Lifehacks (2)

  • If you're at a party and you don't know anyone, make it a point to meet the host and introduce yourself. The host can introduce you to other guys/girls and it scores you points.

  • Never buy high-end cables, and never buy cables at retail. Cables have higher profit margins than almost everything except extended warranties. Despite what the marketing and sales people will tell you, there is no difference. Need a computer cable? Order it from a wholesaler online. That USB cable that your printer requires will cost you $25 at Staples and $1.50 at Newegg.

  • Never quote an entire post unless it's shorter than the one you write in response.

  • Don't eat food after 6pm.

  • In college, always check the library to see if the teacher is using a test bank.

Interpolation using a genetic algorithm

This weekend I was in Milan to get a visa and I had the opportunity to work with a friend, Michele, on genetic algorithms. It was the first time I dig up in such field and it was very exciting. In this post I want to explain some bits of our work.

A brief introduction to GA

A genetic algorithm is a search/optimization algorithm that uses an heuristic approach to reduce the search space and evolve gradually to a solution.


It is an algorithm that has its root in the theory of natural selectioni by Charles Darwin. The main components of a GA are:

  • the population, that concentrate all the available solutions at a given time;
  • the fitness function, that gives an approximation of the quality of the solution codified by a given member of the population.

In a GA the first thing to do is to generate a population.

A population is a group of objects with given attributes, usually a string, and they contains in some form the solution (usually inside a string); the first population is randomly generated and contains a big number of solutions, but not every solution (this is not a bruteforce approach).

After this step the fitness functions evaluates the quality of every solution that a given member carries: the evaluation should be considered from a bottom up point of view.


Now, as in Darwin's theory of evolution, the member of the population are going to "reproduce": two members are going to be coupled to generate a new member of the second generation and every child member will contain a solution that is the product of the original genes of their parent members.

This time the reproduction of the population into a second one is not entirely random. The fitness function gives us an approximation of the quality of every gene that a member carries and by the rule of the "survival by the fittest" the probability that a member is going to reproduce with another one is proportional to the quality of its genes.

When we have a second generation of members we can recur on our GA and generate a third generation. From this point we can recur until we converge to a solution that is common to every member, or at least that is suited to our needs.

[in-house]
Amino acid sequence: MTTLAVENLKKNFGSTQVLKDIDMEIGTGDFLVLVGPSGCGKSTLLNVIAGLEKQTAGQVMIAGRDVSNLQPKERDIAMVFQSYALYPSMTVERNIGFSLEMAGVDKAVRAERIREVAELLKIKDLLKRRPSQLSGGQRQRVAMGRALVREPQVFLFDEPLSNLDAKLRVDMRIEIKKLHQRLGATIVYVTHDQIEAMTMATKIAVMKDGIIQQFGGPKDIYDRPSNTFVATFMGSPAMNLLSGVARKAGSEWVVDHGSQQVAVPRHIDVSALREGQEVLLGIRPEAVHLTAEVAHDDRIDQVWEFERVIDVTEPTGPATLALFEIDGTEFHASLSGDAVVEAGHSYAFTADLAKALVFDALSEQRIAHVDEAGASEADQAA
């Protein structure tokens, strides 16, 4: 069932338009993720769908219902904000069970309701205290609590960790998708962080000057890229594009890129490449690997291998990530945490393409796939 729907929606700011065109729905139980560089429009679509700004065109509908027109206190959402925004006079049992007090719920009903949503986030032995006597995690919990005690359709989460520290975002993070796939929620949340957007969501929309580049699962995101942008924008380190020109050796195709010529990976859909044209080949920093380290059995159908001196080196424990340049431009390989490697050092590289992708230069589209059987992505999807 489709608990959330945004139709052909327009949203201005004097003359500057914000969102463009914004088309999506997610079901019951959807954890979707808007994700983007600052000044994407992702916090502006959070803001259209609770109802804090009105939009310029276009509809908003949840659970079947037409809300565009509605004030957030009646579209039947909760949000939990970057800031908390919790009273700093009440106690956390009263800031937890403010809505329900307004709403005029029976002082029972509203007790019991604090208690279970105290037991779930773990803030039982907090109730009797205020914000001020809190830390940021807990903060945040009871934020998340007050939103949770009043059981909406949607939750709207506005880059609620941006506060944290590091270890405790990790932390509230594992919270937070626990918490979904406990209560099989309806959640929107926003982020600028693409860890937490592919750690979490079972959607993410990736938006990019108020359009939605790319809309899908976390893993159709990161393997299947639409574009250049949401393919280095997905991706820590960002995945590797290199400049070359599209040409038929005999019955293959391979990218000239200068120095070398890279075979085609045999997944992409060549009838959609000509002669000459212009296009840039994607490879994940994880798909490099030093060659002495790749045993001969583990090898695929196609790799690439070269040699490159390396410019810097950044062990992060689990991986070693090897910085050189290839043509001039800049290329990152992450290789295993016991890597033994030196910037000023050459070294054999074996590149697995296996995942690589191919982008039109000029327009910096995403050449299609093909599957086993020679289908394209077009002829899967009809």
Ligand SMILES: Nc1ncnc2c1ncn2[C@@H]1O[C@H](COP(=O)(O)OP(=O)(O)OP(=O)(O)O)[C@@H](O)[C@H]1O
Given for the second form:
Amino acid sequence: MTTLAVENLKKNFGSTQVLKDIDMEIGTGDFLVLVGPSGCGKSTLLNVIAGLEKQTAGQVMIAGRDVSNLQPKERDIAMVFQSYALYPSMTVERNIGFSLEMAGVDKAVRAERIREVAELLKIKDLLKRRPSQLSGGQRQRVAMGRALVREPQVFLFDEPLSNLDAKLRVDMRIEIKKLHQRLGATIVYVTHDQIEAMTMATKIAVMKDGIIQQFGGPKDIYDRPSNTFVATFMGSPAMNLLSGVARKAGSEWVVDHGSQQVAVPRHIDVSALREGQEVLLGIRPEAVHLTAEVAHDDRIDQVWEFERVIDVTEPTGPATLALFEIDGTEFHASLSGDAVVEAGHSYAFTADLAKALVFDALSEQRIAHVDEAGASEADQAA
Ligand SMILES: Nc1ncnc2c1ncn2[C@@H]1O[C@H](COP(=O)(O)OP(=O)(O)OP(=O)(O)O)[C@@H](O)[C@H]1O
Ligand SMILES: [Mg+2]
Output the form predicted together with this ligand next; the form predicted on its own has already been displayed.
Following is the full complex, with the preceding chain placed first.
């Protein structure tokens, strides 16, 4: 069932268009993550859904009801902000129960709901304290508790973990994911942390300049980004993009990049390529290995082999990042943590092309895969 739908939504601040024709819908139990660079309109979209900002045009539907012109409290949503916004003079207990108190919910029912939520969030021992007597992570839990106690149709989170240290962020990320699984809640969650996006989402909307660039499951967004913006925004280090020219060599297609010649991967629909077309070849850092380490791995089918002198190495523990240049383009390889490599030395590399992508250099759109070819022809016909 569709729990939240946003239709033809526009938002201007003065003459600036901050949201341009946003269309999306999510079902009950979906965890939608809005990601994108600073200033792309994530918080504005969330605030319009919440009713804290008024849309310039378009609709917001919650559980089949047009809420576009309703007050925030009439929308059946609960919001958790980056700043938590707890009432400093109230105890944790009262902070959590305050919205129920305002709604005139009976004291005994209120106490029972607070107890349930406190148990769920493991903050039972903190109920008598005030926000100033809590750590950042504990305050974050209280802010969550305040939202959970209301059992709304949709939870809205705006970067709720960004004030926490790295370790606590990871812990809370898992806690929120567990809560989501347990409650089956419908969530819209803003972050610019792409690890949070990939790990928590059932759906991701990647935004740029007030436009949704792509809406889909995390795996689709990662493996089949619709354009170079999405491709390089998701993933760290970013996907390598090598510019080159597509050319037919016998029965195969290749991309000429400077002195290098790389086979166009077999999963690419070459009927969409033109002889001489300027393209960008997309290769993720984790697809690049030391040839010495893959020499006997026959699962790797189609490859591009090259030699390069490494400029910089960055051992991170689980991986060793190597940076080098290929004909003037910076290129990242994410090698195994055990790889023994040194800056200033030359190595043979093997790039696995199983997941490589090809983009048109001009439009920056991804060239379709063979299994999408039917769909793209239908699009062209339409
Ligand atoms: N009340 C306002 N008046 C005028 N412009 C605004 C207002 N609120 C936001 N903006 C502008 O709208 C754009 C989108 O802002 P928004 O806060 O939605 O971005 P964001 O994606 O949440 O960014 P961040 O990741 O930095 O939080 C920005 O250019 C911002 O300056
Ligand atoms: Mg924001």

Actually, in some cases, a mutation function can be added, so that, like in real world, some times the genes are "scrambled" indipendently from the fitness function.

There is more to a GA, for example we could talk about possible ways of storing the genes inside a member or when to use mutation, anyway I want to stop here and continue with an analysis of my problem.

Interpolating a function using a GA

Me and Michele decided to spend some time developing a little python script to explore GA capabilities and we decided to interpolate some points on a cartesian plane.

Our program, that is available here uses a class to define the various members of the population and a string for the genes, a class as well for the points on the plane.

The fitness function is not as precise as it should be because this is only a proof of concept:

mutationProbability = 0.1
rangeLimit = 5
def fitness(item, pointList, n):
    value = 0
    for p in pointList:
        y = 0
        for i in range(n):
           y += item.gene[i] * pow(p.x, i)
        result = 1 - (abs (p.y - y) / rangeLimit)
        if result < 0:
            result = 0
        value += result
    return value / n

item is just a member of the population, poinList is the list of points and n is the number of points (n - 1 is the grade of the function).

for i in range(n):
    y += item.gene[i] * pow(p.x, i)

this piece of code gives us the value of the function encoded in the genes in the points of pointList;

result = 1 - (abs (p.y - y) / rangeLimit)
    if result < 0:
        result = 0

while here the script stores 1 - the previous result because if the GA has yield a good result there should be distance = 0 from the function evaluated and the points; If this is the case, the fitness function should attribute the highest possible reproduction probability for that member. At the end the fitness function returns the total value over the number of points evaluated.

As you can see this fitness function is by no means an optimal one. The reproduction probability is higher for functions that crosses some points and are really distant from others rather than for functions that are closer to every point but crosses none. Anyway for simple cases the GA yields good results, as an example for points (0 0), (1 4), (2 9) one of the member with the highest reproduction probability has this function in its genes:

-0.0487839869993989 * x^0 + 4.600339125358671 * x^1 + -0.2780958075230644 * x^2

that crosses this points: (0 -0.0488), (1 4.2735), (2 8.0395) given 80 iterations, initial population of 600 members and a two digit approximation.

For a more precise computation a higher population size and a really high number of iterations should be used.

Why Wright's proof is a fake

I explained in my previous post (in italian) that the signature that Wright provided as a public proof is in fact invalid. I want to explain briefly how you could check this claim. The key in Wright's post is this:

------------------------- Signature File -------------------------
------------------------- End Signature --------------------------

Now we can use some bash utilities:

  • base64, that translates encoded ASCII text;
  • hexdump, that displays hexadecimal contents from the input;